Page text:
Red Tape Delays Body Cameras for Santa Clara County Sheriff's Office - NBC Bay Area
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Red Tape Delays Body Cameras for Santa Clara County Sheriff's Office

The sheriff's office started its process to get body-worn cameras before the San Jose Police Department, but the cops are way out in front in actually using them.

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    The Santa Clara County Sheriff's Office plan to fast track body-worn cameras has derailed, and now deputies likely will not get the equipment for at least eight months or even longer. Robert Handa reports. (Published Wednesday, July 20, 2016)

    The Santa Clara County Sheriff's Office plan to fast track body-worn cameras has derailed, and now deputies likely will not get the equipment for at least eight months or even longer.

    The sheriff's office started its process to get body-worn cameras before the San Jose Police Department, but the cops are way out in front in actually using them.

    In fact, NBC Bay Area has learned after months of field testing and picking the body cameras it wanted -- the same cameras San Jose selected -- the sheriff's office is tangled up in county red tape that officials acknowledge will block getting cameras for at least eight months, and possibly up to 16 months.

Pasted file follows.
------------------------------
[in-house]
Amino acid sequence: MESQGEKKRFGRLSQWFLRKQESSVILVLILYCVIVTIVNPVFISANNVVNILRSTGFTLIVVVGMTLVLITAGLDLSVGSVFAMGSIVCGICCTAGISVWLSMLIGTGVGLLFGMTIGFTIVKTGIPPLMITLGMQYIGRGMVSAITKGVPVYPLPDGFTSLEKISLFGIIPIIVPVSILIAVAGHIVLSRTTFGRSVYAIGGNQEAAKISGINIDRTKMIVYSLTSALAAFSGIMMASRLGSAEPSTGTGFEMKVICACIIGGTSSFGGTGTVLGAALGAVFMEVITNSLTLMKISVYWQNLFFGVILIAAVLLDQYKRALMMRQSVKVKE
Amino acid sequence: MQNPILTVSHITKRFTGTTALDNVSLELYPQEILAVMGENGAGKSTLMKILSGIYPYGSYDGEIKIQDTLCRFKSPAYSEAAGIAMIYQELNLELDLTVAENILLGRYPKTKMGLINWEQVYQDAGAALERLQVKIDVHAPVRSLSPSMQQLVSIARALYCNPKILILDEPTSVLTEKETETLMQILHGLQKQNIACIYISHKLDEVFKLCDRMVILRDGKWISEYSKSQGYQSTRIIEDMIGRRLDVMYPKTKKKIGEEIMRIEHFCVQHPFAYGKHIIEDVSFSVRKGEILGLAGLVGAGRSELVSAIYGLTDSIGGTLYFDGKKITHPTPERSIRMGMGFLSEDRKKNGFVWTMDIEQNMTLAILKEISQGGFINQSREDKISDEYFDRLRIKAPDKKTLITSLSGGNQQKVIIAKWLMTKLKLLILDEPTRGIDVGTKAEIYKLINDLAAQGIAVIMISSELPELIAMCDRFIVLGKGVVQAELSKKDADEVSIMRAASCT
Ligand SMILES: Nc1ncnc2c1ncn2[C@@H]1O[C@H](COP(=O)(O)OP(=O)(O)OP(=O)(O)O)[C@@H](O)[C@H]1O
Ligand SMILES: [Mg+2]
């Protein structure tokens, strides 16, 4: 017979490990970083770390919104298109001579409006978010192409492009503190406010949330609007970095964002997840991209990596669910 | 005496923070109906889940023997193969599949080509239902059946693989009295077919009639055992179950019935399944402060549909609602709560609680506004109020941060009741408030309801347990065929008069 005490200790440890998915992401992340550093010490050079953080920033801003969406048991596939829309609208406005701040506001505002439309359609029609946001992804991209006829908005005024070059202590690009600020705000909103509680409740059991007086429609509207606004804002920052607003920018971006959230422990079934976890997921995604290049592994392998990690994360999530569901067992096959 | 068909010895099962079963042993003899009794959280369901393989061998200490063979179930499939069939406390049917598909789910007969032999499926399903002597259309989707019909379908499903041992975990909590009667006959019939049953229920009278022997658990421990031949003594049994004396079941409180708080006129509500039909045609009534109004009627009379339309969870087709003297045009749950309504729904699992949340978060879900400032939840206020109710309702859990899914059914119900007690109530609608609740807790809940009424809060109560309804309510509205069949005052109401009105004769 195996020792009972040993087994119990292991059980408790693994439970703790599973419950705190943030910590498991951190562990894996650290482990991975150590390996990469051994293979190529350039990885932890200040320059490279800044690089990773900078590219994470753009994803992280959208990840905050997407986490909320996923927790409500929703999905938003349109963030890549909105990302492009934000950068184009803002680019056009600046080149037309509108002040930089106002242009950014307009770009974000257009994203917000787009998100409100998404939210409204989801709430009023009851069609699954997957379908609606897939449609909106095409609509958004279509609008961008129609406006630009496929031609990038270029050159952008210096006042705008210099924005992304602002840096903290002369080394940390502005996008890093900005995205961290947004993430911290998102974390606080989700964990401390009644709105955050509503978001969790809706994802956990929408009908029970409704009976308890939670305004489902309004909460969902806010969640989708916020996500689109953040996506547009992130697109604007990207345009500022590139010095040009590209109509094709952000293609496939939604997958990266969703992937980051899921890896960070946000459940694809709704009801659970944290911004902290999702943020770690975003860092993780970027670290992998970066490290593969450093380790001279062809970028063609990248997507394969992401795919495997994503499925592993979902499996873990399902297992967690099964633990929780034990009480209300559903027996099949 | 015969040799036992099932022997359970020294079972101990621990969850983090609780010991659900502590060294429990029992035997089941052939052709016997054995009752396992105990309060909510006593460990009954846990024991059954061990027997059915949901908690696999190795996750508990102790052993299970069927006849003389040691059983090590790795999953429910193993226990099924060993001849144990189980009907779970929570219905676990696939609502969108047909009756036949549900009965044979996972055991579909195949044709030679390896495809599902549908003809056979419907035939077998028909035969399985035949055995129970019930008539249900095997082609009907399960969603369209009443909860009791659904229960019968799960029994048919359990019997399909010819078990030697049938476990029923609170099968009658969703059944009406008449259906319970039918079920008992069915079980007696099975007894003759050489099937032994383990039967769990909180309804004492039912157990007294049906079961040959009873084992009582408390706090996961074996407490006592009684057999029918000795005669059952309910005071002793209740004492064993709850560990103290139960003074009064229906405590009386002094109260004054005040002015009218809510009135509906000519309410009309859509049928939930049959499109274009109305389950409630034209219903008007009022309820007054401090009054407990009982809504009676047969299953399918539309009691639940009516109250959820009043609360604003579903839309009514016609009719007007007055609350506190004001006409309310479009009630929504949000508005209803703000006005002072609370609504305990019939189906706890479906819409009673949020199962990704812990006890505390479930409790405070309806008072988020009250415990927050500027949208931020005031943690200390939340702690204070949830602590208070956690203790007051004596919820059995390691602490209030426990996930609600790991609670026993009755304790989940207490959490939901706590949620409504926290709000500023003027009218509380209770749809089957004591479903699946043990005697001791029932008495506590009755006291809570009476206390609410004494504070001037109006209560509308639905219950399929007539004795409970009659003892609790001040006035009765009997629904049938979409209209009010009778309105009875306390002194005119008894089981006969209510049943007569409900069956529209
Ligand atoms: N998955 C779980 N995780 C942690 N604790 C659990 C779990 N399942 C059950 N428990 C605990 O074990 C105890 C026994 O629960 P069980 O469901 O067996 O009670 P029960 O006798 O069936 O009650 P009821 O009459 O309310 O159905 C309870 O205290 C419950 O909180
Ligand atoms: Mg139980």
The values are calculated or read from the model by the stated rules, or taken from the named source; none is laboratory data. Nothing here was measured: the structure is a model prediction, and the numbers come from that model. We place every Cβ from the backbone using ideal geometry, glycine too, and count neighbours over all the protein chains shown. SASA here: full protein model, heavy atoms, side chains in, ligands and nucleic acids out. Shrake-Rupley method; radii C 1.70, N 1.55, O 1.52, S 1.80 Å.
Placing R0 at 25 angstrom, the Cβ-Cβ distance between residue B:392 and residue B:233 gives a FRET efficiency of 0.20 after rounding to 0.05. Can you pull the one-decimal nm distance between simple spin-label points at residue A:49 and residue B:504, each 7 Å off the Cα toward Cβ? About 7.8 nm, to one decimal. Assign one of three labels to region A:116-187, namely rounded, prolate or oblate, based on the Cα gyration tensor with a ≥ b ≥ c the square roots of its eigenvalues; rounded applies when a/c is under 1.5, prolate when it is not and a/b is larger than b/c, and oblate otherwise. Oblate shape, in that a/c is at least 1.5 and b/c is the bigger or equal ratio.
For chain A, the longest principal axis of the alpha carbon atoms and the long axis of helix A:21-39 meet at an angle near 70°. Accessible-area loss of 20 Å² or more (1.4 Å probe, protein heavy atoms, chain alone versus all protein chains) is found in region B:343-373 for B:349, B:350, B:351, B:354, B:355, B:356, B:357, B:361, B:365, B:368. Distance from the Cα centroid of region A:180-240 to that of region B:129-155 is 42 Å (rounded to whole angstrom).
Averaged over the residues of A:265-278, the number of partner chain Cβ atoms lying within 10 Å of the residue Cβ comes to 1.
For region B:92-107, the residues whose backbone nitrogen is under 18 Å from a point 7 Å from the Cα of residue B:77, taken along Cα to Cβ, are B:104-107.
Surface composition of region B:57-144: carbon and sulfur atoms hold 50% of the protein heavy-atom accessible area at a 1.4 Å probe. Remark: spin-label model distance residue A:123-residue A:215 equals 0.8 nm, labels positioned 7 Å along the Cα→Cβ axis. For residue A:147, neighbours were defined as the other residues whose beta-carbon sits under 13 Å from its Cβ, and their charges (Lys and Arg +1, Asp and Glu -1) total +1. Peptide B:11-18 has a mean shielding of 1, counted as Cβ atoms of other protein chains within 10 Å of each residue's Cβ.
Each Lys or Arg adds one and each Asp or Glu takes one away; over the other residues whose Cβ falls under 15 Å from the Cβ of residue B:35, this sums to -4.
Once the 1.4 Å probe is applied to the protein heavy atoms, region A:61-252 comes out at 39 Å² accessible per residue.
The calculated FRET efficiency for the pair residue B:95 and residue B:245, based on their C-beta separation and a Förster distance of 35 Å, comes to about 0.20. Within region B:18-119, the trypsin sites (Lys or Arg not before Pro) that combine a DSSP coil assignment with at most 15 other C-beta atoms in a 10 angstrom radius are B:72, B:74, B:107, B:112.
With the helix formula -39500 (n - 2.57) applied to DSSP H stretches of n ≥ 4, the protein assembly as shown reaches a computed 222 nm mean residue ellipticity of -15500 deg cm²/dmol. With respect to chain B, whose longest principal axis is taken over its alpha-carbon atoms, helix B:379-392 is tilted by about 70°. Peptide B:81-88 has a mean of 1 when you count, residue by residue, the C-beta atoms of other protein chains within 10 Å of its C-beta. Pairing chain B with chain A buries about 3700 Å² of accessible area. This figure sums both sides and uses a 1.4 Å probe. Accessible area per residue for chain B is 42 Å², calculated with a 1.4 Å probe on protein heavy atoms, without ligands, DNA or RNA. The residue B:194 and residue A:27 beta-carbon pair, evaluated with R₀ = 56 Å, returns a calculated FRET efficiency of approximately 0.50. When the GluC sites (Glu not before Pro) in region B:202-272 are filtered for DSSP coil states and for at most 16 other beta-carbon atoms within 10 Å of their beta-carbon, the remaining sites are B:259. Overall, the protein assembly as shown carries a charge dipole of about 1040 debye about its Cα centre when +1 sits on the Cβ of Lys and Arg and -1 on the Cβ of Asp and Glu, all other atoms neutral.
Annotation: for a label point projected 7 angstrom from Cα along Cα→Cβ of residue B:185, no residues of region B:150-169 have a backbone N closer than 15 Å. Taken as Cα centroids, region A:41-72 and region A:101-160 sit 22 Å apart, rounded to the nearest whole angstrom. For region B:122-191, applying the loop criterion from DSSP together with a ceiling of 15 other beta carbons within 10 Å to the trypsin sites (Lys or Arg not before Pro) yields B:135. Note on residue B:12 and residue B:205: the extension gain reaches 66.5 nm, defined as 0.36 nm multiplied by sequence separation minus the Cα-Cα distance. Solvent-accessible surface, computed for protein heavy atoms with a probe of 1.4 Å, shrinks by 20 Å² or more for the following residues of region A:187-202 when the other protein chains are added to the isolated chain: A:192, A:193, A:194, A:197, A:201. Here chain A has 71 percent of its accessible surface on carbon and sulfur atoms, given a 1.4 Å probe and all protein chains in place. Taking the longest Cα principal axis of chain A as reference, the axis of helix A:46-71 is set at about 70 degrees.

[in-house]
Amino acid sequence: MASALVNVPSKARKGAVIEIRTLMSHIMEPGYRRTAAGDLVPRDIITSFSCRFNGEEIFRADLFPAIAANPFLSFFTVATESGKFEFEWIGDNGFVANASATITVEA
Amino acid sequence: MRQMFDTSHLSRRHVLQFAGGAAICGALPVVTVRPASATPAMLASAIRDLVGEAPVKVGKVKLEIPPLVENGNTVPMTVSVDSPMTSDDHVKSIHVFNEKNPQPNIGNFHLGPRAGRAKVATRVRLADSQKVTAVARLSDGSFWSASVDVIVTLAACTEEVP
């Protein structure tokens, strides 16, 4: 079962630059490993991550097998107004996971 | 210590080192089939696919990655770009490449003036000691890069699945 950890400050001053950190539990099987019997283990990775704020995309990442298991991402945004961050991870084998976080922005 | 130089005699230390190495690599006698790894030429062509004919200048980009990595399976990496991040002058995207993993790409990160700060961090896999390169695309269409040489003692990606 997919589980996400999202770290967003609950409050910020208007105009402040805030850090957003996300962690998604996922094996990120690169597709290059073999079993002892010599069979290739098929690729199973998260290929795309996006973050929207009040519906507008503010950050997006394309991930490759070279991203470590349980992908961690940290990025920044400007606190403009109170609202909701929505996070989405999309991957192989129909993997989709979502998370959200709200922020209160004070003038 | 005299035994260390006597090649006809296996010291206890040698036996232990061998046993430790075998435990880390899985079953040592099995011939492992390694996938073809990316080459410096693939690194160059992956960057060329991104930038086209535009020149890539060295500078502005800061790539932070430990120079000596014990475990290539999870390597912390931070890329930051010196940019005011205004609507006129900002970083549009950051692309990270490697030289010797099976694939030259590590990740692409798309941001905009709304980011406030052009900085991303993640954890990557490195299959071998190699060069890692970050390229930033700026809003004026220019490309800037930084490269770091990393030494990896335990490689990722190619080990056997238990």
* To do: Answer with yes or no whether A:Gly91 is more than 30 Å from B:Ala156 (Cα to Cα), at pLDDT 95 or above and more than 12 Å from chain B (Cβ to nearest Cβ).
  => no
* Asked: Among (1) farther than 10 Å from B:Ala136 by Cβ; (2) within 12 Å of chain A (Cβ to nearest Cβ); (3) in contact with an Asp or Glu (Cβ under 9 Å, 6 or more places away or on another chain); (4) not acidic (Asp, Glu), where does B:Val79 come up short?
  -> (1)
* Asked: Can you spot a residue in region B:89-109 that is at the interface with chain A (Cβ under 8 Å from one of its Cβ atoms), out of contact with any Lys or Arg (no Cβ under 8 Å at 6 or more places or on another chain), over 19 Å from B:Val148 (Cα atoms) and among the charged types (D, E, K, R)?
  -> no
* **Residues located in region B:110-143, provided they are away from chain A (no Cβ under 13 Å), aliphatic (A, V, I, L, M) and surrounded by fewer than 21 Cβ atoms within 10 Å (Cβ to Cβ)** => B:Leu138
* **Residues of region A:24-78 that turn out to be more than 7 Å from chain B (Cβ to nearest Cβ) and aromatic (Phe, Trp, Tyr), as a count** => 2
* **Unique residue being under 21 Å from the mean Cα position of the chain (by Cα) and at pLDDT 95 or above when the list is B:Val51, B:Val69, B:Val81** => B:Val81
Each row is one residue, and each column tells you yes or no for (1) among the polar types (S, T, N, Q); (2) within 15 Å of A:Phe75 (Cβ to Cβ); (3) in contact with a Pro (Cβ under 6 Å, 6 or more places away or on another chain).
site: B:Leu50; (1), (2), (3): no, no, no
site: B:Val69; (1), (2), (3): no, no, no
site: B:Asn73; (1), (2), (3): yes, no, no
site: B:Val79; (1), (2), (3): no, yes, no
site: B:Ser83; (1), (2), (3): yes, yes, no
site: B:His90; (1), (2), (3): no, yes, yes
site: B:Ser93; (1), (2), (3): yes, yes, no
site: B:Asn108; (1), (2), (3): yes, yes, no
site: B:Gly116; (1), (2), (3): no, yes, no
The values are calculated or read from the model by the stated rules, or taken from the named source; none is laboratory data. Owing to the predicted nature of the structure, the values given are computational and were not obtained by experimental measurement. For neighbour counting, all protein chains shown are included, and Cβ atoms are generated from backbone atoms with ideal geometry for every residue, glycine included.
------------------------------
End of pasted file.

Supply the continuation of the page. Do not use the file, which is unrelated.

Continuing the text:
County Board President Dave Cortese acknowledged the obstacles and frustration.

    "Frankly there needs to be a way to speed things up when it comes life-saving measures," Cortese said. "I mean, all of those things are in play and that's why we're looking at body-worn cameras."

    NBC Bay Area has learned obstacles include new procurement safety procedures put in place after alleged expense account abuse by former superviros George Shirakawa. And a privacy ordinance that requires all surveillance equipment be approved by the Board of Supervisors before any program can move forward.

    "There are rules, but there are also ways to expedite the rules and that's what I think we need to focus on more," Cortese said.

    NBC Bay Area has also learned the issue was not scheduled for the board to address. But Cortese said he will now make sure it is on the agenda at the board's next meeting.

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